Working in Schools

Making Occupational Therapy Fun in a School Setting

Children can benefit greatly from occupational therapy in school. But it’s not always easy to motivate students to do their best. Although it can vary, some students may feel stigmatized and frustrated about their challenges.

But as an occupational therapist in a school, you are more likely to have a cooperative student, if you make therapy fun. There are lots of ways you can incorporate therapy focused on developing fine motor skills, hand eye coordination and sensory regulation while still having fun. Consider some of the following:


As an OT, you may have used tablets and iPads in other settings. But tablets and iPads can be especially beneficial when working with children in a school setting. There are various types of games and apps that can help with improving attention and visual tracking, activities of daily living and other impairments.

For example, letter writing apps can help young children improve fine motor skills by teaching students how to both learn and form letters. There are also many different sequencing games that help kids work on following multi-step instructions.

New apps and games are being developed all the time that can improve your ability to help students of all ages. There are even apps that stimulate social interaction and reinforce appropriate behavior with peers.

Using a tablet and app also allows for portable therapy. In some instances, students may be able to continue to use the apps and work on their therapy goals at home.

Board Games

With all the modern technology available to therapists, board games may seem old fashioned, but they can still be a fun tool in a school setting. There is a great variety of traditional board games that focus on memorization and critical thinking that can be useful. In addition, certain games, such as Connect Four and Operation, can help students with fine motor skills, such as developing a mature pincer grasp.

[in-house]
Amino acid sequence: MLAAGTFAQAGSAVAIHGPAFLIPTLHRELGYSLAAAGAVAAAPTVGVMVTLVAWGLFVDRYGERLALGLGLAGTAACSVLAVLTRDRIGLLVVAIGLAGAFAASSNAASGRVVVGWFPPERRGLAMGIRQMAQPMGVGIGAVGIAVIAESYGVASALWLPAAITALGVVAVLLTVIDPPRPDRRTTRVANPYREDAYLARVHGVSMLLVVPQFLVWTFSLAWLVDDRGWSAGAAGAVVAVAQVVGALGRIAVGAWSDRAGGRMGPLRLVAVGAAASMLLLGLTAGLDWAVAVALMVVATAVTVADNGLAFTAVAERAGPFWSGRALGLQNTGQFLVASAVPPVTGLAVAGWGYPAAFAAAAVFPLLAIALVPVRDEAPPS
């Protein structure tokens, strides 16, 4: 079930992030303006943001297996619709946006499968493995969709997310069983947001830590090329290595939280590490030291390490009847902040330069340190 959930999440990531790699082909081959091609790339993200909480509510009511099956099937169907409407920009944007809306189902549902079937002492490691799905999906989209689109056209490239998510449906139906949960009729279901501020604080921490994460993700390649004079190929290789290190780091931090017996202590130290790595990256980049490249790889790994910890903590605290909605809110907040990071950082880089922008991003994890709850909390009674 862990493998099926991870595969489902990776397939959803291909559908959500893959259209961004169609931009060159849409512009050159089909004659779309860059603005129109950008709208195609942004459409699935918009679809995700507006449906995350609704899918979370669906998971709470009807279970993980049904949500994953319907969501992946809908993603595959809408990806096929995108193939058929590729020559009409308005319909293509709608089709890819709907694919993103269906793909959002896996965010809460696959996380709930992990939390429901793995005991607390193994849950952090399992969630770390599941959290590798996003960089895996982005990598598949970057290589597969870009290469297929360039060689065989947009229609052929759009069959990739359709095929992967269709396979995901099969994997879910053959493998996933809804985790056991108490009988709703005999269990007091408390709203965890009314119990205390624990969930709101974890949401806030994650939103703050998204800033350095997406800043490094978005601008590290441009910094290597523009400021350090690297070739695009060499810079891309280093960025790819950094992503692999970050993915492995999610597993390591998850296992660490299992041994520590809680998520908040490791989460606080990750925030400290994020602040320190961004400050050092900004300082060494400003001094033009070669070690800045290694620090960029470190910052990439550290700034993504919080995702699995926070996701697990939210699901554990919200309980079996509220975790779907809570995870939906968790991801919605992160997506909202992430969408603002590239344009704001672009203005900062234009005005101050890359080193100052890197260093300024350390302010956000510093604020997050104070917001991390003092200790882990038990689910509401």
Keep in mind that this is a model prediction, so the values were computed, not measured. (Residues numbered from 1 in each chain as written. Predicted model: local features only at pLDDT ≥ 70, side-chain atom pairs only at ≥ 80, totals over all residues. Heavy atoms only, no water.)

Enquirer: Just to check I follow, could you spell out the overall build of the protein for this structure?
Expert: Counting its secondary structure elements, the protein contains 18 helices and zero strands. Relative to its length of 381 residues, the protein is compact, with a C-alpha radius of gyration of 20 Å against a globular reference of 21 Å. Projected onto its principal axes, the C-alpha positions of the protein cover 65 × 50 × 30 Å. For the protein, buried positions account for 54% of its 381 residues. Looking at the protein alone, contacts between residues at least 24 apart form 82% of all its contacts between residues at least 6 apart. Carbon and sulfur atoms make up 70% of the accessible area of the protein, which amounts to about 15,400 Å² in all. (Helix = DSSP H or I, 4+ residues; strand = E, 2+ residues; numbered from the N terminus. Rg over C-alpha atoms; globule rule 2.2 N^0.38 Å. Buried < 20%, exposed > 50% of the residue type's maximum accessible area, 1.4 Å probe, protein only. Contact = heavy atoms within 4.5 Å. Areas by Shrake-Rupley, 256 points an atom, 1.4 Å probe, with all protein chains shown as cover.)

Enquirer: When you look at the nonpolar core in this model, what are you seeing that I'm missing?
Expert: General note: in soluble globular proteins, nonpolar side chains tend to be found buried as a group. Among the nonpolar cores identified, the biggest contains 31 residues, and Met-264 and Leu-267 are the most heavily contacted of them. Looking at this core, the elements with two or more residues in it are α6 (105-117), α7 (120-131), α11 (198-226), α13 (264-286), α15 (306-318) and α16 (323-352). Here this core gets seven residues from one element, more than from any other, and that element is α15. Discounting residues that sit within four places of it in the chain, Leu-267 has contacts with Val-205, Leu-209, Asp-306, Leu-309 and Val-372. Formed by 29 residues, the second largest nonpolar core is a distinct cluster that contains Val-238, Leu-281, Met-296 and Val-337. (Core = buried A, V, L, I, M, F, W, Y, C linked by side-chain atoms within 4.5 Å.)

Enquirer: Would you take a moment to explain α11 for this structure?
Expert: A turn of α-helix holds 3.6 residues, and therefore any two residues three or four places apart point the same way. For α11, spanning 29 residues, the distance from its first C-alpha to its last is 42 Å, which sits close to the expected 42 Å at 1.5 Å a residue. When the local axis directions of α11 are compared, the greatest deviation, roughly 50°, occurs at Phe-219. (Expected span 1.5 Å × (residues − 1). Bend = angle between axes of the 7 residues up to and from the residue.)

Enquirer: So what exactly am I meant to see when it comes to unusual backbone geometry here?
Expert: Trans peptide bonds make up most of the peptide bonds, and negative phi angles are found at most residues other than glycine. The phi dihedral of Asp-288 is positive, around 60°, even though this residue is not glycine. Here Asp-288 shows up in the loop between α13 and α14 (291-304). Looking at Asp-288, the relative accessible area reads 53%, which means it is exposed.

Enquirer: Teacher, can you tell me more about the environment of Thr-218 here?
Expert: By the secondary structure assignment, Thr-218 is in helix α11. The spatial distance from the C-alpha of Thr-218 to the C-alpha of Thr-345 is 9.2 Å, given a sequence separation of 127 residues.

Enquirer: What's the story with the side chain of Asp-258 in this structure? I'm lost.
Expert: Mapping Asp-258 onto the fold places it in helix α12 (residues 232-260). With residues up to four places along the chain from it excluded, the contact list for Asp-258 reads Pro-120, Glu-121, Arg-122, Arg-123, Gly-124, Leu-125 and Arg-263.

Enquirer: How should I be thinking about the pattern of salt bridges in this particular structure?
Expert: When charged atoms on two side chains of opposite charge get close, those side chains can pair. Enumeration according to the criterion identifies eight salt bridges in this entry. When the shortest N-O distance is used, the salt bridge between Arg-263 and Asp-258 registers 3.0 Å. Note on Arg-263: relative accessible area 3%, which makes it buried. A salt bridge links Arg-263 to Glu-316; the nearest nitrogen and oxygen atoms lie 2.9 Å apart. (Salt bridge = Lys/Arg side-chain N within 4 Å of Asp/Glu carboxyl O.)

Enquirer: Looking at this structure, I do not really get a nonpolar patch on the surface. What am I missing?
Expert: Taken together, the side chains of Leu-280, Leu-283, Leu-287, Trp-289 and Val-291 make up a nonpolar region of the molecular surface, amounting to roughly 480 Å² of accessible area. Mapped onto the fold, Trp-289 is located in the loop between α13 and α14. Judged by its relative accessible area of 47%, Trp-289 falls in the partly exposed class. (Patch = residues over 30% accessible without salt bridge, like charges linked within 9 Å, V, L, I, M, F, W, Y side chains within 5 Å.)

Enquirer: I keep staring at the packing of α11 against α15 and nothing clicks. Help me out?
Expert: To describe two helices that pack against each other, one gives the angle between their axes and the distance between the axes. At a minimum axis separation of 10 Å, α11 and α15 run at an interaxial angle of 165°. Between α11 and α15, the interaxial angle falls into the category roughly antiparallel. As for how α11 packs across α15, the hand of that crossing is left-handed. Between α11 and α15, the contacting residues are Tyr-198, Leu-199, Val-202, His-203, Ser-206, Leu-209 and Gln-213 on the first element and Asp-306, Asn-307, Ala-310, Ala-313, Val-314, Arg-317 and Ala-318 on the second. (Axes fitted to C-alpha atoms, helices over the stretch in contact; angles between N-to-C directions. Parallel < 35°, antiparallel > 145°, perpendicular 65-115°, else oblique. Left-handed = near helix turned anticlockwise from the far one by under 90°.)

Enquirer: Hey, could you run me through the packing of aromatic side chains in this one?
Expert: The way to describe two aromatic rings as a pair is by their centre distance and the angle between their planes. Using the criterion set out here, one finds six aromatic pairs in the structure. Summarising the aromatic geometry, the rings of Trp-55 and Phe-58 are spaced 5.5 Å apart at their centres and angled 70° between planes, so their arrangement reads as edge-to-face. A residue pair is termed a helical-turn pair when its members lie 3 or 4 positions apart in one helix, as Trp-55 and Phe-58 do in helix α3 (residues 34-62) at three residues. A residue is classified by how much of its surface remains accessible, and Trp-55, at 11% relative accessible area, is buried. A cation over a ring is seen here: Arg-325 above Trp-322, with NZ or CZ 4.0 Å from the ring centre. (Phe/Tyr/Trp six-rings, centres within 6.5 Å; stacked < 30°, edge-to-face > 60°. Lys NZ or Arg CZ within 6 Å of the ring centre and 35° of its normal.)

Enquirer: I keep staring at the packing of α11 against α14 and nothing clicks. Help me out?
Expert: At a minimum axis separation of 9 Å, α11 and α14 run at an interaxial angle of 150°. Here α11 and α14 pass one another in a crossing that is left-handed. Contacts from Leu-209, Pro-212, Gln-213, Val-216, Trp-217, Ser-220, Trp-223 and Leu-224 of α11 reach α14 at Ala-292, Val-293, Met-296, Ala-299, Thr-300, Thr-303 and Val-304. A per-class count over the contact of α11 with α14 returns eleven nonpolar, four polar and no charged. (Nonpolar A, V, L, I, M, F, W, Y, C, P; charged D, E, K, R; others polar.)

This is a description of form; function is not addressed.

Even if there is not a designated therapy room at the school where you work, most board games do not take up much space and are portable enough to be used in a small office space.

Video Games

Kids and video games often go hand in hand. If you want your student to get involved in his therapy, putting a gaming device in his hand may do the trick. Depending on what system you have available, there are a variety of games that can help with fine motor skills, problem-solving, and attention span.

Putting it All Together

Of course, not all activities will be appropriate for all students. A student’s diagnosis, age, and their individual educational plan (IEP) need to be considered before implementing certain tools. But it is also helpful to look at a student’s interests and personality. Some students may thrive when they get involved in an activity they enjoy, such as video games.

You might find a combination of modern technology and traditional games used in a school setting make occupational therapy not only beneficial but fun. Keep in mind that bridging the gap between therapy and a fun activity may help students get on board and give their best effort.

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